Cuts Closed With Adhesives in Children: Care Instructions

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Your Care Instructions

A cut can happen anywhere on your child's body.

The doctor used an adhesive to close the cut. When the adhesive dries, it forms a film that holds the edges of the cut together. Skin adhesives are sometimes called liquid stitches.

If the cut went deep and through the skin, the doctor may have put in a layer of stitches below the adhesive. The deeper layer of stitches brings the deep part of the cut together. These stitches will dissolve and don't need to be removed. You don't see the stitches, only the adhesive.

Your child may have a bandage.

The doctor has checked your child carefully, but problems can develop later. If you notice any problems or new symptoms, get medical treatment right away.

Follow-up care is a key part of your child's treatment and safety. Be sure to make and go to all appointments, and call your doctor or nurse call line if your child is having problems. It's also a good idea to know your child's test results and keep a list of the medicines your child takes.

How can you care for your child at home?

  • Keep the cut dry for the first 24 to 48 hours. After this, your child can shower if your doctor okays it. Pat the cut dry.
  • Don't let your child soak the cut, such as in a bathtub or kiddie pool. Your doctor will tell you when it's safe to get the cut wet.
  • If your doctor told you how to care for your child's cut, follow your doctor's instructions. If you did not get instructions, follow this general advice:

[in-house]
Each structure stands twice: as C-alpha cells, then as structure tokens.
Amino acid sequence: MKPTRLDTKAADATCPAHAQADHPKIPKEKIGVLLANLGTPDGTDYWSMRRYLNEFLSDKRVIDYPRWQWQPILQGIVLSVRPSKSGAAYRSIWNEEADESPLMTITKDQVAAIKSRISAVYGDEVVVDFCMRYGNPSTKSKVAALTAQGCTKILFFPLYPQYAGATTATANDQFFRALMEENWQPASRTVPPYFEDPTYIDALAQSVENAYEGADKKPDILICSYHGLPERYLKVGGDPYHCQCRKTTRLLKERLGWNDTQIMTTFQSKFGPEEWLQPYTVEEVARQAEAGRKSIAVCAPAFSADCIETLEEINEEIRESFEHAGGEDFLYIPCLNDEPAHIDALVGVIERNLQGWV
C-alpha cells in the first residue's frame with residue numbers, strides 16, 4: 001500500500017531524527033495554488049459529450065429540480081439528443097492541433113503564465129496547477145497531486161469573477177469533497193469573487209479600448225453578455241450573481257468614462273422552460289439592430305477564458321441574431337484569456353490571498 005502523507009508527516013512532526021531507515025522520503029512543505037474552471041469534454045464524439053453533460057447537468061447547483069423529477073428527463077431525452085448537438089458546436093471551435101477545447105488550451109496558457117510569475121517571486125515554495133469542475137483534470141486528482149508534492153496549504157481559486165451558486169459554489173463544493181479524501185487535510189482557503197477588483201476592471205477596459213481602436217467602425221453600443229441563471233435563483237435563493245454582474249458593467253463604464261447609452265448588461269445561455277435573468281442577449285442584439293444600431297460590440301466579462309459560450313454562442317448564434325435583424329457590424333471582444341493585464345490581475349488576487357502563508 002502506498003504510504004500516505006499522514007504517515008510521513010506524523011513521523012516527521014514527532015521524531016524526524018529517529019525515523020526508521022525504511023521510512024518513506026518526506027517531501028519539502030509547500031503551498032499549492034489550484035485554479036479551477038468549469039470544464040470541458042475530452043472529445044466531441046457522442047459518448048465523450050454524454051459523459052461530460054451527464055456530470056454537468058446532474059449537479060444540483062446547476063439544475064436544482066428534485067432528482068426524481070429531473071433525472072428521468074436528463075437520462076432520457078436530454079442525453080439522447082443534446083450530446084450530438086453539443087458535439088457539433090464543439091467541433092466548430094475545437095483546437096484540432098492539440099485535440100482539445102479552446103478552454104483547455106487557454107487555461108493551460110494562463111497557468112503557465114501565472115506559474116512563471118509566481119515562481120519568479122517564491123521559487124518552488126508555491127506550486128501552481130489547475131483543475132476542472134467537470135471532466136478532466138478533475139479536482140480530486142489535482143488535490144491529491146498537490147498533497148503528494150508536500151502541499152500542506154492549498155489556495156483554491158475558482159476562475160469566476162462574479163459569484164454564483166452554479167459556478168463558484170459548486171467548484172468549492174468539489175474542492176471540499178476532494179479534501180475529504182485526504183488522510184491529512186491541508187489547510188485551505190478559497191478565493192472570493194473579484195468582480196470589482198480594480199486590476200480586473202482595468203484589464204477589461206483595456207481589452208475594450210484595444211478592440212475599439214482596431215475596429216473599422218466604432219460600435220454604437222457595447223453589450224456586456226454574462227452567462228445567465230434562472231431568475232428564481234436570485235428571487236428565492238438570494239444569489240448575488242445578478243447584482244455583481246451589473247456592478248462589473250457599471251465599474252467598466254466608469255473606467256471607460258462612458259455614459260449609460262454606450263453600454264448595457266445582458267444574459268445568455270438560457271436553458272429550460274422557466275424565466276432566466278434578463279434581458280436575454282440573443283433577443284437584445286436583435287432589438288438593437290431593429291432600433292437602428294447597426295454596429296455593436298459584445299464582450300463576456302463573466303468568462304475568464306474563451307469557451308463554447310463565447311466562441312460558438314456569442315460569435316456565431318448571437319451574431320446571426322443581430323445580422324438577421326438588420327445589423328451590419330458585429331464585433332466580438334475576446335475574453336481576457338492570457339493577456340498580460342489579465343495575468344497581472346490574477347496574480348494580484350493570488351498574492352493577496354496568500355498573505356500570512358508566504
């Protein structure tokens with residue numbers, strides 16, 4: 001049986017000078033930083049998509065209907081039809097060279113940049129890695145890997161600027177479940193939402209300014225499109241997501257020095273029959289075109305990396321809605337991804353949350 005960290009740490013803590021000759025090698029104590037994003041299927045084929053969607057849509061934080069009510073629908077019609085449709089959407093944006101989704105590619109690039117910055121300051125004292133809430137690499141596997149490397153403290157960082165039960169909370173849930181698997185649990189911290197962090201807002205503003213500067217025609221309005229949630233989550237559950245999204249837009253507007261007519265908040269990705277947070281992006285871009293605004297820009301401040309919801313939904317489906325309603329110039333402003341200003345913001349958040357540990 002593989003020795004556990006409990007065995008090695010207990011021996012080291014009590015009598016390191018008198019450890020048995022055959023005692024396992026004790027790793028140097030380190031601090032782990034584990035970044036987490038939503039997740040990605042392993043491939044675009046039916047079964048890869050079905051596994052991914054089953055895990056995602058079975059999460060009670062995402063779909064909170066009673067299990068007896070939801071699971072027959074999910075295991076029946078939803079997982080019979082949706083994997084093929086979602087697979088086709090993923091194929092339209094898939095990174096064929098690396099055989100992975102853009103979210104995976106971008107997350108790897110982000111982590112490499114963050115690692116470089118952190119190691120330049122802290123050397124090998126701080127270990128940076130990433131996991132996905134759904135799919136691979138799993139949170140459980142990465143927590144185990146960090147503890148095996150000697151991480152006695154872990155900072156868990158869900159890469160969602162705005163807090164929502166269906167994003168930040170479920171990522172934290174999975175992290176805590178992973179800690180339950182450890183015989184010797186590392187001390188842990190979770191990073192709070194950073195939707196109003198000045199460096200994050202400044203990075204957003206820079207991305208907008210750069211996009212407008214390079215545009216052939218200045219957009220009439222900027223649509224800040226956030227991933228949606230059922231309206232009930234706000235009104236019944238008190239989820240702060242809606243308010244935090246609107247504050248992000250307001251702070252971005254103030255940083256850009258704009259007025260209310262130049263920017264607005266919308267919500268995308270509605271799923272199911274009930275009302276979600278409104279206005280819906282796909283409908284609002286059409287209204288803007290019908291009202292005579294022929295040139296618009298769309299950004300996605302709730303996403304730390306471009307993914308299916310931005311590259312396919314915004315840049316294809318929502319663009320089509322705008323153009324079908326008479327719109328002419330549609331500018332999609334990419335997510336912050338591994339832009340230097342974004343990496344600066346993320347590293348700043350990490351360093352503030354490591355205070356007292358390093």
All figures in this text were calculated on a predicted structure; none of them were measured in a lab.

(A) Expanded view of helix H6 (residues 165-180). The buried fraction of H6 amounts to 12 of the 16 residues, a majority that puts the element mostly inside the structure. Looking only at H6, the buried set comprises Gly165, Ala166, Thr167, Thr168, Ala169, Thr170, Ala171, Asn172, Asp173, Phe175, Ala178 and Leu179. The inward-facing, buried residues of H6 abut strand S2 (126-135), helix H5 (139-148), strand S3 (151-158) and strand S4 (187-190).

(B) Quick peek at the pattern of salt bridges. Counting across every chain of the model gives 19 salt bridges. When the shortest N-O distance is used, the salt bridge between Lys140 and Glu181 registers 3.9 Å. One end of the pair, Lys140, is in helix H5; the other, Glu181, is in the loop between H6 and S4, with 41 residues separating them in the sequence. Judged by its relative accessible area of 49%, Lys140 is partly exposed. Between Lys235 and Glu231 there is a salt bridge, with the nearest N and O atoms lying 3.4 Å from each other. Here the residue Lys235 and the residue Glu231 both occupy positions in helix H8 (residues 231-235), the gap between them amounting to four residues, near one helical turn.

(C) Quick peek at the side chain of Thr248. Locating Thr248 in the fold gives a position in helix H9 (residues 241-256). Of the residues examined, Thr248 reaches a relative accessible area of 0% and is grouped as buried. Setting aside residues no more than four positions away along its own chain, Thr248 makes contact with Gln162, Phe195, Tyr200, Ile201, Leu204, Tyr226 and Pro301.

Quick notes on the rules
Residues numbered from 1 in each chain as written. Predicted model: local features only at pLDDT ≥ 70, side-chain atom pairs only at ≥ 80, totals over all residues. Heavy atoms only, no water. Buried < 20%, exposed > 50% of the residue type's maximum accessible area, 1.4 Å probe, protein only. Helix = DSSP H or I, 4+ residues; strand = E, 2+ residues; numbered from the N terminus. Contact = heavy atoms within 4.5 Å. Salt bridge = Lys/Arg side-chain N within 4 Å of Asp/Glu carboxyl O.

• Do not put any kind of ointment, cream, or lotion over the area. This can make the adhesive fall off too soon.
    • After the first 24 to 48 hours, wash around the cut with clean water 2 times a day. Do not use hydrogen peroxide or alcohol, which can slow healing.
    • If the doctor told you to use a bandage, put on a new bandage after cleaning the cut or if the bandage gets wet or dirty.
  • Prop up the sore area on a pillow anytime your child sits or lies down during the next 3 days. Try to keep it above the level of your child's heart. This will help reduce swelling.
  • Leave the skin adhesive on your child's skin until it falls off on its own. This may take 5 to 10 days.
  • Do not let your child scratch, rub, or pick at the adhesive.
  • Do not put the sticky part of a bandage directly on the adhesive.
  • Help your child avoid any activity that could cause the cut to reopen.
  • Be safe with medicines. Read and follow all instructions on the label.
    • If the doctor gave your child prescription medicine for pain, give it as prescribed.
    • If your child is not taking a prescription pain medicine, ask your doctor if your child can take an over-the-counter medicine.

When should you call for help?

Call your doctor or nurse call line now or seek immediate medical care if:

  • Your child has new pain, or the pain gets worse.
  • The skin near the cut is cold or pale or changes colour.
  • Your child has tingling, weakness, or numbness near the cut.
  • The cut starts to bleed.
  • Your child has trouble moving the area near the cut.
  • Your child has symptoms of infection, such as:
    • Increased pain, swelling, warmth, or redness around the cut.
    • Red streaks leading from the cut.
    • Pus draining from the cut.
    • A fever.

Watch closely for changes in your child's health, and be sure to contact your doctor or nurse call line if:

  • The cut reopens.
  • Your child does not get better as expected.

Where can you learn more?

Go to http://www.healthwise.net/ed

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